Uphall
OSA
Dairy produce carted to Edinburgh. High roads are funded by statute labour and subscription. The commutation rate is 15/- per plough. Local basalt is excellent for road making. The cost of a chain of 24 foot wide road is 28/-.

NSA - page 85
No specific mention of roads. Coal is obtained locally and freestone is taken to Edinburgh.

See also Account of the Parish of Uphall, by the Earl of Buchan, Archaeologia Scotica, Vol I, 1792 (Archaeology
Data Service).

Whitburn
OSA
There are highroads from Edinburgh to Glasgow and Bo'ness to Cleugh running through the parish. Many people make a living by carting grain from Leith and Dalkeith to Glasgow and returning with pig-iron.

NSA - page 76
No specific mention of roads.

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Interesting Points

Abercorn
There was an old monastery here in Anglo-Saxon times.

Bathgate
Walter, High Steward of Scotland, lived here in the 1300's. His dwelling was in a morass and had several causeways leading to it. Prior to the building of the middle road between Glasgow and Edinburgh there was no direct road between east and west, just very poor parish roads.

Borrowstounness The Antonine Wall runs through the parish and remains of the military road that ran south of the wall have been found recently near Inneravon and just east of Kinneil House. At Kinneil Muir there was a very large stone (7x5x3 feet) with a cross in its centre. As it affected the ploughing it was blown up. Coal has been worked here since mediaeval times. The fact that the Forth & Clyde canal ended at Grangemouth put an end to the considerable trade with Glasgow which had been carried out on pack horses and carts.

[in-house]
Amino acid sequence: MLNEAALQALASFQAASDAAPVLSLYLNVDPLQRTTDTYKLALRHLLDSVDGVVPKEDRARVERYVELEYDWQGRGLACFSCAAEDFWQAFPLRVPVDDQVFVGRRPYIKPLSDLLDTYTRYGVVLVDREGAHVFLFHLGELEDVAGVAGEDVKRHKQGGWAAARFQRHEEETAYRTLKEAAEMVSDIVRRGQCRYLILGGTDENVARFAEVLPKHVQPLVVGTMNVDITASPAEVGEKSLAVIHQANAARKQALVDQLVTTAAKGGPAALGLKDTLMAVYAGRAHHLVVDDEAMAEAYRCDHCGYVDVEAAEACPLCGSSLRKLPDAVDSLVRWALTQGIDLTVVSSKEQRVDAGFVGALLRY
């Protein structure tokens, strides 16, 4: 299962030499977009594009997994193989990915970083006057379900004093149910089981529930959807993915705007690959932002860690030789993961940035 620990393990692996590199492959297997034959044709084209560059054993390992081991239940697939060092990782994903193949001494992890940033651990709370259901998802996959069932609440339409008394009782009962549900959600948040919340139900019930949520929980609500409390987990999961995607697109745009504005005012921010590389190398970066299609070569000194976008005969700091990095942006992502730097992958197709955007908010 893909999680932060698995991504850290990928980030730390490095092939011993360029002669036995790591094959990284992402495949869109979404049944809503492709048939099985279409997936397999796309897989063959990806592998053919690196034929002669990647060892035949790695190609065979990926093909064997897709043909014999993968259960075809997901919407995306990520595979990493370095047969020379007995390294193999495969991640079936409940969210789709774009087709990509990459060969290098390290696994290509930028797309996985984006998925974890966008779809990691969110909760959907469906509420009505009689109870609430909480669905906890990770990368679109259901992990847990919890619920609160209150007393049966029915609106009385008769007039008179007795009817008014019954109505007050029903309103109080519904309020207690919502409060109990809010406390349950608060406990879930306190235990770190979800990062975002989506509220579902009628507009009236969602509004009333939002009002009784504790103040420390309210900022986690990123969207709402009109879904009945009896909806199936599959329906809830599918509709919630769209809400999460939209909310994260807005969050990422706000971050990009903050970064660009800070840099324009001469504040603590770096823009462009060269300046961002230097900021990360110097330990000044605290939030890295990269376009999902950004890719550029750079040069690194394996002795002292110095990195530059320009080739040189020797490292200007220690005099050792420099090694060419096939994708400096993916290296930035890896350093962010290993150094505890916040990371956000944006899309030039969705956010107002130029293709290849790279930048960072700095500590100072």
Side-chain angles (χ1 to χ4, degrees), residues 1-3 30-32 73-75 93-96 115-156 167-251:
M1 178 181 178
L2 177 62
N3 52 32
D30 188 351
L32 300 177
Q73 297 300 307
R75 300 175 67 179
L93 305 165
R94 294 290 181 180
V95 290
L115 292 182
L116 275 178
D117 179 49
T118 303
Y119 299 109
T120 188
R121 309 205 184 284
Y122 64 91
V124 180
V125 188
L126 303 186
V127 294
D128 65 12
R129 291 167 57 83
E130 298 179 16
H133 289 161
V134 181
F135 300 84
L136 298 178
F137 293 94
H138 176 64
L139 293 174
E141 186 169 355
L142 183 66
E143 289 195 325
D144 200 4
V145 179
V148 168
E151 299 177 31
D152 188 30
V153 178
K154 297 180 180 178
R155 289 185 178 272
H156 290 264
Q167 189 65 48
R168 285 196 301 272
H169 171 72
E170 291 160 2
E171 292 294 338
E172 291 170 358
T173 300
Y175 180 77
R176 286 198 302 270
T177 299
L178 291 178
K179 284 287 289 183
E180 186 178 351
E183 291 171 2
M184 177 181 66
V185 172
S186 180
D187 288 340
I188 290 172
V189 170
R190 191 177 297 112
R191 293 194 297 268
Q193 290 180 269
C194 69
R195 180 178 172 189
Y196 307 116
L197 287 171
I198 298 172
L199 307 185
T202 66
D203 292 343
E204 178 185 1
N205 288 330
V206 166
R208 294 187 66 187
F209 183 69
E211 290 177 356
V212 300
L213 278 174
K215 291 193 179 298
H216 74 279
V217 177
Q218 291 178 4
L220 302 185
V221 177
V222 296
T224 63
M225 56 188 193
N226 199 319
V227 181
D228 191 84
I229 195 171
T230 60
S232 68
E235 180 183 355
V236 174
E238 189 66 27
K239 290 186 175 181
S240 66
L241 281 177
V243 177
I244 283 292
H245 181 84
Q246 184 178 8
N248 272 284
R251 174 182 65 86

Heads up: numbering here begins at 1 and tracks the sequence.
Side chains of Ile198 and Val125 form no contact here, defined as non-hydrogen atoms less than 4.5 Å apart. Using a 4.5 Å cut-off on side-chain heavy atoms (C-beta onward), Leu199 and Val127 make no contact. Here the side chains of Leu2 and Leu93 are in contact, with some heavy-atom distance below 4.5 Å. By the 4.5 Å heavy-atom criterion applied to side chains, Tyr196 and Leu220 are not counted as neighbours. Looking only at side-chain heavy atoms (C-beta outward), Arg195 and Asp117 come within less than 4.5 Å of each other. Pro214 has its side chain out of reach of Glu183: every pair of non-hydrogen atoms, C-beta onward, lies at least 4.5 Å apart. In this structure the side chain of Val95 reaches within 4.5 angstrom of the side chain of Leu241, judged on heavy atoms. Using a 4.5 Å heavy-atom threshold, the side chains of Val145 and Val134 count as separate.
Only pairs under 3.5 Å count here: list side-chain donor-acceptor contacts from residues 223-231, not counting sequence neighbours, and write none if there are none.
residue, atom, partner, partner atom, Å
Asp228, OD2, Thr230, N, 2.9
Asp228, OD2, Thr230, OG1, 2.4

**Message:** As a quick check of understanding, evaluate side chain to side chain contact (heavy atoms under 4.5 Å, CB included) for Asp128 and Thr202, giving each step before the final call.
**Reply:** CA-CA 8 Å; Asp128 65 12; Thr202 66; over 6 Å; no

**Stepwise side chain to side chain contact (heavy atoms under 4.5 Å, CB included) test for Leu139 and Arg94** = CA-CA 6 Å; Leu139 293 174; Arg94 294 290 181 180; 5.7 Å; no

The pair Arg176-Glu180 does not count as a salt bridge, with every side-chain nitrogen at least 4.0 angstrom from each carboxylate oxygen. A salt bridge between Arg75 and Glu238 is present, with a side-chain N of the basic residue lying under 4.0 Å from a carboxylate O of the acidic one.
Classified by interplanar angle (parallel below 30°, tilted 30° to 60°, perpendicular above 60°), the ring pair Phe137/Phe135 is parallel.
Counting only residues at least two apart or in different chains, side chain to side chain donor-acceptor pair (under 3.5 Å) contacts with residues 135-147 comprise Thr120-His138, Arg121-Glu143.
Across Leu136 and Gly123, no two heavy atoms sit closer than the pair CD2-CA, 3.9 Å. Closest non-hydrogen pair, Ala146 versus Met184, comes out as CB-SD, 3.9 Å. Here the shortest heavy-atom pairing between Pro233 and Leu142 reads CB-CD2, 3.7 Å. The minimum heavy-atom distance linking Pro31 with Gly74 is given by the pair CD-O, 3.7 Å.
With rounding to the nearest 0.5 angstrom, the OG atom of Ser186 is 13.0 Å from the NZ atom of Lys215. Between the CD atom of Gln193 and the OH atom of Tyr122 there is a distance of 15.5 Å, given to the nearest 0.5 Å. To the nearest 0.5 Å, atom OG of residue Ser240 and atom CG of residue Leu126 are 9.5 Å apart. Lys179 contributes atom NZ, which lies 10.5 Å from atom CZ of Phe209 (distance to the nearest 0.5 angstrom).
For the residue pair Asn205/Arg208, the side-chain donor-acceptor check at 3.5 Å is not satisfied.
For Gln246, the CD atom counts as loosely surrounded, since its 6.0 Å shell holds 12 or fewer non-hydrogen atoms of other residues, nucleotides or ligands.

Carriden
The Roman Wall ended in this parish. A few years ago remains of a causeway were dug up between Blackness Castle and the Carriden to Walton road.

Dalmeny
It is very likely that a Roman road continued from Cramond by Barnbougle and Dalmeny, through Abercorn and Carriden to the eastward end of the Antonine Wall. Roman remains have been found along this line. It is planned to run a ferry between Cramond and Burntisland with a railway extension north of Burntisland which could affect the ferry here.

Linlithgow
The burgh used to have exclusive trading rights from near Cramond to the mouth of the Avon - its port was Blackness. Right to levy a toll on cattle using the bridge or crossing the Avon elsewhere. A Roman road to a camp in Bo'ness parish runs north of the lake and seems to have been connected with the Wall.

Livingston
The area was used for hunting when royalty stayed at Linlithgow.

Queensferry
There was a crossing point here from very early on. It was called Freti Transitus by the Romans who about 83AD had reached as far as Loch Leven in Fife. Queen Margaret crossed here frequently on her way to Dunfermline, hence its name. The Edinburgh road was the first turnpike in West Lothian, dating from 1751.

Torphichen
There is a pillar in the churchyard with a cross carved on it with four other stones sited one Scots mile away to the east, west, north and south. These stones mark the area where refuge could be sought. They are still in their original position.